Functional foods: psychological and behavioural functions
Dye L, Blundell J.
School of Psychology,
University of Leeds, UK.
Br J Nutr. 2002 Nov;88 Suppl 2:S187-211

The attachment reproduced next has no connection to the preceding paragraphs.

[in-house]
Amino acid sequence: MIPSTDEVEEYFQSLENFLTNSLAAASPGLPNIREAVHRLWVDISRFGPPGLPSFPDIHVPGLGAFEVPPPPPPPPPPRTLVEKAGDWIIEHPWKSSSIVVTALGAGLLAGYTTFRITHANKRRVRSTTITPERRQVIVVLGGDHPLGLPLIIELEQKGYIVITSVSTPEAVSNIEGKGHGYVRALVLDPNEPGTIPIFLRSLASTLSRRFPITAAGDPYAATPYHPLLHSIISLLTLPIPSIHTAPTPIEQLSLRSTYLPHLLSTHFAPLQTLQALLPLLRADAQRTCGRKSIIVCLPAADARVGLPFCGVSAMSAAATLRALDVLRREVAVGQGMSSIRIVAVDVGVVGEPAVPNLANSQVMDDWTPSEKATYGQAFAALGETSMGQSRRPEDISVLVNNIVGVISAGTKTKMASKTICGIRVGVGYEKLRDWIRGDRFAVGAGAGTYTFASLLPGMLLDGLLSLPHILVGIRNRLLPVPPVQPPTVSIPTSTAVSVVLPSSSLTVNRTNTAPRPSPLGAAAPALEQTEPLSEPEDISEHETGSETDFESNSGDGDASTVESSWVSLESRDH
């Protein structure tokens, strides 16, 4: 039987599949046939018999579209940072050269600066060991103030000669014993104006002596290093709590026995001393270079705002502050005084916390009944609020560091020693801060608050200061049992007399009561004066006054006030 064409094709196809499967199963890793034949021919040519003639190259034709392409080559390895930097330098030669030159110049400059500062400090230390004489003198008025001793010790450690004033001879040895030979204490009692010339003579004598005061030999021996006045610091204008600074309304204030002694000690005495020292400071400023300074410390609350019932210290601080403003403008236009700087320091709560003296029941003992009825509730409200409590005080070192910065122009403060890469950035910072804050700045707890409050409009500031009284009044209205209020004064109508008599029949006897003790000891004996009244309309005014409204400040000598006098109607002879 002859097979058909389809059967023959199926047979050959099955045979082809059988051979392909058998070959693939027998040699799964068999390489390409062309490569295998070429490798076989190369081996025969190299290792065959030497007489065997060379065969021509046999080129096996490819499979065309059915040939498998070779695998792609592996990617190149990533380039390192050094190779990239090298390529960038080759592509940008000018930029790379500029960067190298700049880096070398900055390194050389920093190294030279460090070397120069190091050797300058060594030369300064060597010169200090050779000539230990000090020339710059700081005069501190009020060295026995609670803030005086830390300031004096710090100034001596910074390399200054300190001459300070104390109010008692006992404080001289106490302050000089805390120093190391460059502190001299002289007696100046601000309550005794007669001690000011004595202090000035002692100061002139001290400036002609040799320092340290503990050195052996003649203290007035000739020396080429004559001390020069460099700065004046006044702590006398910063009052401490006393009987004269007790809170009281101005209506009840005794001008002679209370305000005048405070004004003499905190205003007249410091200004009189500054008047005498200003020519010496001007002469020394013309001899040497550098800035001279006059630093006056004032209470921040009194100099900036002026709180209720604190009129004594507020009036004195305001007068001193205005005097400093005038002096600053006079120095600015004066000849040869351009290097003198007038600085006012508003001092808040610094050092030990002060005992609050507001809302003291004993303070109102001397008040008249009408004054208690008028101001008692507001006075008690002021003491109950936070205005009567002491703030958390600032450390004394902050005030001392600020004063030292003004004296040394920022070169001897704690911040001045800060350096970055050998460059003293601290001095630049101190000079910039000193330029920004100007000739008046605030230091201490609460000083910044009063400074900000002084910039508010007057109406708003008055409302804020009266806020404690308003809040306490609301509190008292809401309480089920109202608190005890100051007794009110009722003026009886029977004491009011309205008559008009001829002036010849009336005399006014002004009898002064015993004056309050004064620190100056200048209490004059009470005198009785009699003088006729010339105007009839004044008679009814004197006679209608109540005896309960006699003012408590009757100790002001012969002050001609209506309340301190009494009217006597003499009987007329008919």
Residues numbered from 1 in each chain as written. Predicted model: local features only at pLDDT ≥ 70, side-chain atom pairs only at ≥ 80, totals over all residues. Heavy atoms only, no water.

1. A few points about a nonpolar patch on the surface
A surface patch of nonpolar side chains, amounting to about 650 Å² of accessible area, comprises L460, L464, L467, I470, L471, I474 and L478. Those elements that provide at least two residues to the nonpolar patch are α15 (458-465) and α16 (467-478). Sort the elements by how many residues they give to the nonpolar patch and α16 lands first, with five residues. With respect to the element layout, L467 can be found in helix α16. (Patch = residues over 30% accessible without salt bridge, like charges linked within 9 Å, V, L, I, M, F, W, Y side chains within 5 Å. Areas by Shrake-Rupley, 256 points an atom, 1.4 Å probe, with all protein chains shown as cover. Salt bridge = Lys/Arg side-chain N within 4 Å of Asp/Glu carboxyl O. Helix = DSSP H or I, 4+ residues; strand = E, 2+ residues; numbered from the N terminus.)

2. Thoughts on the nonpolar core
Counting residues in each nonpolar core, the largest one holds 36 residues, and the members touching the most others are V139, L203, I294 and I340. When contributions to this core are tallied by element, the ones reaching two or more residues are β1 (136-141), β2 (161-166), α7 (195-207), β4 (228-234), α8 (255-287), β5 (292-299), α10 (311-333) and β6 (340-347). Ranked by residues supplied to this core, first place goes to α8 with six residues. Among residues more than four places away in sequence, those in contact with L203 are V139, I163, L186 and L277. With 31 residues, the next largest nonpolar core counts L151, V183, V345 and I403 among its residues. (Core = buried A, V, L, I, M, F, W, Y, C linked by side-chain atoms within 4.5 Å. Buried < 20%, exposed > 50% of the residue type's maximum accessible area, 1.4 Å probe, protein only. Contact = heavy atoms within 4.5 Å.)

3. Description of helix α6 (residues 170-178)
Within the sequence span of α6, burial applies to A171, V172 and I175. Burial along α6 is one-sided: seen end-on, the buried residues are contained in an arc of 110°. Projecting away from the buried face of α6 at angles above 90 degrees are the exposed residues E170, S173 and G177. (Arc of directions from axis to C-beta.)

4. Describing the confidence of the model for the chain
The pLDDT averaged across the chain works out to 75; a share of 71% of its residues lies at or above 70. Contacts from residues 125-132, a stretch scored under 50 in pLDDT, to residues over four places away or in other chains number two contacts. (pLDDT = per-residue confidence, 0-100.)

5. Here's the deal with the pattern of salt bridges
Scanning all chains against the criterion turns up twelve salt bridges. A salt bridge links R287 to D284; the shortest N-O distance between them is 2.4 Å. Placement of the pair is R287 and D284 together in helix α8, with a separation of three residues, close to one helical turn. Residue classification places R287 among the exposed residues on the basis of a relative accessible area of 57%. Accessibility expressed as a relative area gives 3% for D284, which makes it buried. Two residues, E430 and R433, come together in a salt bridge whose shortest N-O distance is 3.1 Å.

It is easier to demonstrate the consistent effects of foods on satiety than on cognitive performance. This is understandable since the satiety system incorporates physiological signalling systems that mediate the effects of foods on function. Specific manipulations of proteins, carbohydrates and fats have the potential to act as functional foods for appetite control. Because of the importance of the optimal functioning of cognitions for survival, these functions are quite strongly protected against short-term dietary and physiological perturbances. Therefore, food manipulations may be better detected through the degree of effort exerted to maintain performance rather than via changes in the actual performance itself. This procedure has not been widely used hitherto. The concept of biomarkers may have to be interpreted differently from research on physiological systems or clinical endpoints. For satiety, adjustments in the profile of hunger could serve as a biomarker or surrogate endpoint. For cognitions, correlated physiological variables may be more difficult to measure than the functional endpoint itself. Changes related to unitary functions (such as tracking) could serve as biomarkers for more complex, integrated skills (such as car driving). Since food manipulations may affect multiple functions, the challenge is to design foods with good satiety control that do not impair mental performance; or alternatively to engineer foods that optimise cognitive performance without compromising satiety. This rapidly developing field has great potential for close collaboration between academia and industry in the production of commercially successful products that show clear improvements in human functioning with the capacity to protect against disease or impairment.
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